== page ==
Pop quiz: At an elegant dinner party, what do you do with your napkin when you are finished?
Is it acceptable to send a thank you note via email, or should it always be hand-written? When is it an appropriate time to send a text?
Many adults may struggle with matters of etiquette, but Davidson resident Aimee Symington is working hard to be sure that the younger generation has flawless manners.
As creator of the award-winning board game Blunders, Symington is ensuring that the wee set grow up with charm, grace, and lifelong social skills.
Symington realized the importance of etiquette when she began working in the corporate world upon her graduation from the University of Michigan.
During her six years in organizational development at Saturn in Toronto, she noticed that many associates lacked the business social skills that would help them get ahead. When she moved to Charlotte and began working in training at Sealand, she realized the issue was one that was worldwide when she began travelling across the globe.
Working with international protocol made her realize that social skills differ from country to country, and she worked hard to educate herself on the acceptable forms. Having a love for the work and so much experience, she became a certified etiquette facilitator, and became a project leader at Bank of America, helping to train associates in business etiquette.
Though she gave up the corporate world when she had her second child, Symington's new role as stay-at-home mom gave her insight into another population that needed etiquette - children. "Despite my background, I was struggling to teach my own children manners," she said.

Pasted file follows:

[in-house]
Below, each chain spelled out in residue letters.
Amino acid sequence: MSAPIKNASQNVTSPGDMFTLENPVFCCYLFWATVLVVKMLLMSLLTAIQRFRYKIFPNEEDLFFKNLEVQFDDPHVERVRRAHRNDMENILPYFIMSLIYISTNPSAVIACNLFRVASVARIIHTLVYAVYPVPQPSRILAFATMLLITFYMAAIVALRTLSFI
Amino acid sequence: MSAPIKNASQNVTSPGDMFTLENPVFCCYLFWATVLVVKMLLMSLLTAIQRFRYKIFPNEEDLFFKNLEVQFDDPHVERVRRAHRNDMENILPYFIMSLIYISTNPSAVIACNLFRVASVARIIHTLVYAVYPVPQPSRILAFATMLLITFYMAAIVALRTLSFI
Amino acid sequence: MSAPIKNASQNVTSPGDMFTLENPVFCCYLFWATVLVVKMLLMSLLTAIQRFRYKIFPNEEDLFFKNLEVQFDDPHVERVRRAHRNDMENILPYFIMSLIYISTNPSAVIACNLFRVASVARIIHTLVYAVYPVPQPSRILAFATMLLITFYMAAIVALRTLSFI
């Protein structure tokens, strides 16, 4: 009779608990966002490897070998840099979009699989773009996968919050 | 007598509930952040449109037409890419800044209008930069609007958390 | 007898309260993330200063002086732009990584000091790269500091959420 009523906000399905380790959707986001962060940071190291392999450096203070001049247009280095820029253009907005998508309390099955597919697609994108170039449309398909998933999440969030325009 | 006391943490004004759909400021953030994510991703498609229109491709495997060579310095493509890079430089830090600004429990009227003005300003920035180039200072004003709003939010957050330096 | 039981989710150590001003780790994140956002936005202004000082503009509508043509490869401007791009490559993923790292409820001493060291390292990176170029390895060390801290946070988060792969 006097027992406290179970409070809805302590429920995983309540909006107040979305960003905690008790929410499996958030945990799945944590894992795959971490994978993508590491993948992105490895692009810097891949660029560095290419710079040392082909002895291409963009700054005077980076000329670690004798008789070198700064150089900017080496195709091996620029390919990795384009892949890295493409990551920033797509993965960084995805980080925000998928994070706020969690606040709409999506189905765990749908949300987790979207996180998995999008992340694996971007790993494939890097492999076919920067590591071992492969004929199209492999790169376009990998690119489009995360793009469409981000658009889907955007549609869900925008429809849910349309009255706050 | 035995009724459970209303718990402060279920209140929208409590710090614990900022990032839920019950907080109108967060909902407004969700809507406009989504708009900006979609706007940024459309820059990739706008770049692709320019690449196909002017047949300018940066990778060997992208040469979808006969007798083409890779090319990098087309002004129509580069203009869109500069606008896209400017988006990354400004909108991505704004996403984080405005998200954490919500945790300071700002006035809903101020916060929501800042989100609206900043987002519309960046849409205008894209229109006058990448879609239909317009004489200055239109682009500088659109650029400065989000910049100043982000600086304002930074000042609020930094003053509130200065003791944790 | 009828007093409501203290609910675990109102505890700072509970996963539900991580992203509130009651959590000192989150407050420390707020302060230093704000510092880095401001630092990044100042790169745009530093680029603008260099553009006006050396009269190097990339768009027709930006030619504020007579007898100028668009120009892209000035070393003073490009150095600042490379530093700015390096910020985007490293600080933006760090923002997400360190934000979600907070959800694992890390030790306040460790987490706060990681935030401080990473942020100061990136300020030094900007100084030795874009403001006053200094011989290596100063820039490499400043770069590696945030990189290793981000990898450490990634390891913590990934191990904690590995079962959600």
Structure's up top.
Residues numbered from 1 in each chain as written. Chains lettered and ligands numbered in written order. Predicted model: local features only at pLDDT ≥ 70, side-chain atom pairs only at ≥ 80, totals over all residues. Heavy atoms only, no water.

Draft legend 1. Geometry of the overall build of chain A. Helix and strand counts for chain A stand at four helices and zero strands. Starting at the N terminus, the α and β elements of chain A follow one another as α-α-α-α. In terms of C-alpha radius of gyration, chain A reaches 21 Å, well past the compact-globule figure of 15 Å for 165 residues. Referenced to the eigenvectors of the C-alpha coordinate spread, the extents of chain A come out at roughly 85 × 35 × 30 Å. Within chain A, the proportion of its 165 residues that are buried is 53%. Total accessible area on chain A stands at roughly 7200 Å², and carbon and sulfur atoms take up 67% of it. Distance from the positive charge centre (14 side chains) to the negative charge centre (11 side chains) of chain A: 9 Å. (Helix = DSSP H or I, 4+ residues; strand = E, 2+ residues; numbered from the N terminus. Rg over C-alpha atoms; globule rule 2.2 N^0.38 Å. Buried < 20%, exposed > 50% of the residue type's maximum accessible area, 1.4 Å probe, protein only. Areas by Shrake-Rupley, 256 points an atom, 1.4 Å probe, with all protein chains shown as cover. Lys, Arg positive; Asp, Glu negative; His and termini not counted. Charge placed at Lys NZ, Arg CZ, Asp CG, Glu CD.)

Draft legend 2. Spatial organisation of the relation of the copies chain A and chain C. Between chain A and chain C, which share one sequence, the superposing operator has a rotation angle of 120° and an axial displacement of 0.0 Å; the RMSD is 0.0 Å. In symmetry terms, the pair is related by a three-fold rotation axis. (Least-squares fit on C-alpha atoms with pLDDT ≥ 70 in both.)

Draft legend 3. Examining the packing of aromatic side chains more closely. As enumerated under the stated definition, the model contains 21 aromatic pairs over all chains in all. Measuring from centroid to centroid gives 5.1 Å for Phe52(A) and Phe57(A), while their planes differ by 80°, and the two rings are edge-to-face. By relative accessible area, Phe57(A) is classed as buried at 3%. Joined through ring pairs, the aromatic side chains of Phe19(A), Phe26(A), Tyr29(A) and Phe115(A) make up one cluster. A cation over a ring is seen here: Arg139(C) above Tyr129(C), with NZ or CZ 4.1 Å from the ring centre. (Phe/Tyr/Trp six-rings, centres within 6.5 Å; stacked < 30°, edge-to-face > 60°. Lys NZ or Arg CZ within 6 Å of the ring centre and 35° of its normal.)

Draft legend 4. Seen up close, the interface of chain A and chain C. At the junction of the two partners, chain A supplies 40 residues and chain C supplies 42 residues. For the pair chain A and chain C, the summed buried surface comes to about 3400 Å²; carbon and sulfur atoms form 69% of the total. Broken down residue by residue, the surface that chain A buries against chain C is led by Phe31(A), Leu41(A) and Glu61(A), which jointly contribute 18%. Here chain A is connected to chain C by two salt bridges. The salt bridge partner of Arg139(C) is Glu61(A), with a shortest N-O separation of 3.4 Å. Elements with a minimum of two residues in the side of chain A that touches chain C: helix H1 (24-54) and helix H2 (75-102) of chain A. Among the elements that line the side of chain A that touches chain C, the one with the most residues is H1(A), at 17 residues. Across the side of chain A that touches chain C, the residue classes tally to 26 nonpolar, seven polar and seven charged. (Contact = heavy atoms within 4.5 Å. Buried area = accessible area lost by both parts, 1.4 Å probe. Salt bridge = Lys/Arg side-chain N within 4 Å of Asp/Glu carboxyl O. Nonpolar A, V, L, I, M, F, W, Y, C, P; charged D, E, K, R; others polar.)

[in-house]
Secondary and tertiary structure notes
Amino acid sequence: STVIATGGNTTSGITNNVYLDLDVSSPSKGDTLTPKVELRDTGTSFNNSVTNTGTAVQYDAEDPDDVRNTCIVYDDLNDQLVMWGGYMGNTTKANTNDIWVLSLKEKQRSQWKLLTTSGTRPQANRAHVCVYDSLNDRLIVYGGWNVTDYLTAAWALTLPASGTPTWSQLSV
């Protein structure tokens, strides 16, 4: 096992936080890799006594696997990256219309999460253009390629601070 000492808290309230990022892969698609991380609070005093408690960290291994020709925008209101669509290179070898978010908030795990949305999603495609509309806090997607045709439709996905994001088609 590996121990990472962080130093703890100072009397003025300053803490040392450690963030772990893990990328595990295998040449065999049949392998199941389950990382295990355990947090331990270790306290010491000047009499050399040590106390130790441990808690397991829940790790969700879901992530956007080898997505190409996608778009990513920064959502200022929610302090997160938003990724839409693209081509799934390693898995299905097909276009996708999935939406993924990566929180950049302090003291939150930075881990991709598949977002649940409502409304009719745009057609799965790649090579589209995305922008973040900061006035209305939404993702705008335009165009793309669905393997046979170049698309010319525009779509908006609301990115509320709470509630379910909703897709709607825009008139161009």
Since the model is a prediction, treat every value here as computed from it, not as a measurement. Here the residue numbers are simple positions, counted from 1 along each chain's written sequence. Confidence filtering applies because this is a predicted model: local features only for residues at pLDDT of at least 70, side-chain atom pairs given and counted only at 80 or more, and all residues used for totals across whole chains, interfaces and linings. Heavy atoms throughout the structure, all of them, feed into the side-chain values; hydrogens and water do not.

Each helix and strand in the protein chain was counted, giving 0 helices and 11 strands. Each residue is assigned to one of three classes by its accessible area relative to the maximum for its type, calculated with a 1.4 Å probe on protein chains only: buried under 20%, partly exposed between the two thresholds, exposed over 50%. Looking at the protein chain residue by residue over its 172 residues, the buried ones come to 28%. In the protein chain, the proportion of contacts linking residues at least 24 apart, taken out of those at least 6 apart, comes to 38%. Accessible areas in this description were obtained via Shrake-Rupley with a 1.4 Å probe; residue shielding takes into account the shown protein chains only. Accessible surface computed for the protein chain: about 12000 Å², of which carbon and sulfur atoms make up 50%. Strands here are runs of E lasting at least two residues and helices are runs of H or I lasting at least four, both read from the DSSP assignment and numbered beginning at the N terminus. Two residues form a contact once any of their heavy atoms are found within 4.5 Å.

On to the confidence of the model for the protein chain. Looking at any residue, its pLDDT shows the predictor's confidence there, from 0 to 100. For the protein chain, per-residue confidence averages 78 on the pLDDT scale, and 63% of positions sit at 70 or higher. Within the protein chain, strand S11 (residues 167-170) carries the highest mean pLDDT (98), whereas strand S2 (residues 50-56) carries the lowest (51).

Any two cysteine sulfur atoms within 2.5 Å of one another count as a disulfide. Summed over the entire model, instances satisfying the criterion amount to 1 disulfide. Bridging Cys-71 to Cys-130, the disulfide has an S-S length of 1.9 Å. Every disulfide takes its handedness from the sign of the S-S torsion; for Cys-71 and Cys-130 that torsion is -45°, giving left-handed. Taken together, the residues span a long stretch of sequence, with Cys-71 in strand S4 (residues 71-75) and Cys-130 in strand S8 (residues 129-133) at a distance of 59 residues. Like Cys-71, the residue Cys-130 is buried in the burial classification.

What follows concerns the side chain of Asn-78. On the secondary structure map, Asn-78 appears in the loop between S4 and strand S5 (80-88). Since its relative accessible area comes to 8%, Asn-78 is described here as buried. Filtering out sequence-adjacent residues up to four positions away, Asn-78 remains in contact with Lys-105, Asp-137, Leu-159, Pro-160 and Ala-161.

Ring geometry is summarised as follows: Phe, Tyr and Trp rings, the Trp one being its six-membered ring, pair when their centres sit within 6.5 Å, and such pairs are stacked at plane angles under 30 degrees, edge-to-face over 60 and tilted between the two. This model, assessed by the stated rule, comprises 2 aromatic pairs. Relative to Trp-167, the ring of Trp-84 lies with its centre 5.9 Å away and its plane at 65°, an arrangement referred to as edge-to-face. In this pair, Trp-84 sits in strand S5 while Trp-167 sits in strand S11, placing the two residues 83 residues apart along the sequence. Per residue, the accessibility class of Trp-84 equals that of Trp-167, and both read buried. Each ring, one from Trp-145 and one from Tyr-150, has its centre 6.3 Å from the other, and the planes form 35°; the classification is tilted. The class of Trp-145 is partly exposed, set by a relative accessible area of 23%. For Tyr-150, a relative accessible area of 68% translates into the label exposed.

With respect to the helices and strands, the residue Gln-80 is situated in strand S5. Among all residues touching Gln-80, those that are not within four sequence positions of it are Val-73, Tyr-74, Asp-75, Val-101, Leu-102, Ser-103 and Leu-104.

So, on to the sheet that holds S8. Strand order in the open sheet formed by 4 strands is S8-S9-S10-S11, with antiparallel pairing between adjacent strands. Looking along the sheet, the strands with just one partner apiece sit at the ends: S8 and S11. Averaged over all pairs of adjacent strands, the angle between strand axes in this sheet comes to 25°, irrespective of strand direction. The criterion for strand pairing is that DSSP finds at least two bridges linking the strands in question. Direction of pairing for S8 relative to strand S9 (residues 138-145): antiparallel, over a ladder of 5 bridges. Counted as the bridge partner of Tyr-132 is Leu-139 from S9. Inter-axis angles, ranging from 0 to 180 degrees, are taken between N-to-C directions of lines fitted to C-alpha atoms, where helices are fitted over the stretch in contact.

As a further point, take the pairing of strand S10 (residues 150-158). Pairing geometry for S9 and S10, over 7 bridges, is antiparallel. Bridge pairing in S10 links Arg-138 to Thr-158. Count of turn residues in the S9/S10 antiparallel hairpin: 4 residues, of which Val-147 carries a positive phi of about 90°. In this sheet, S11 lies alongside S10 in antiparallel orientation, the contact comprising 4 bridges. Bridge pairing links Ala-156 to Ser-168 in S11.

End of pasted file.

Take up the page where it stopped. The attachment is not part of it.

When she looked for a medium to help teach the process, she was disappointed to find there was little out there to help, and what was available was hopelessly dated and old-fashioned.
She began to teach her own children's etiquette workshops, developing a program that was hands-on, interactive and developed confident social skills. The children dressed up as different characters, role played and interacted in a fun, positive setting.
"I wanted to show children that manners weren't just important when going to church or to someone else's home, but that it reflected who they were as people," Symington said. When a mother mentioned that she would love to have something to take home to continue the work, Symington had an idea: why not a board game? And Blunders was born.
Symington attended the 2007 Toy Fair in New York City, then spent the next year creating the game, all with the goal of being at the next year's show. In 11 months, she tackled every aspect, from the creation, design, packaging, development, marketing, website, finding investors, and the list went on.
Her hard work had great consequences. She presented the 300-question game at the 2008 show, where Symington was recognized as one of the top 10 new inventors and featured in a documentary. Blunders would go on to receive 10 national awards.
In 2009, she was featured in an Observer story.
Symington spent the next three years as a self-described "one-woman show" to get the game in the hands of consumers. Her 19-hour workdays paid off when Blunders began appearing in places like Toys-R-Us and Barnes & Noble.
In 2010, Symington appeared on the "Today" show as an etiquette expert, discussing the polite way to complain. She brought along the game and left it with the "Today" assistants, not sure if anything would come of it.
Then, the day after Christmas last year, host Kathie Lee Gifford started the show with her "favorite things," and one of them was Blunders.
Symington recently reached a deal with Patch Products, a family-owned game company that will take over the manufacturing and distribution of Blunders and her Manner Mats - interactive placemats filled with games, puzzles and activities - beginning Jan. 1.
Symington said she looks forward to having more time to do what she loves - creating new products and teaching children etiquette through her workshops.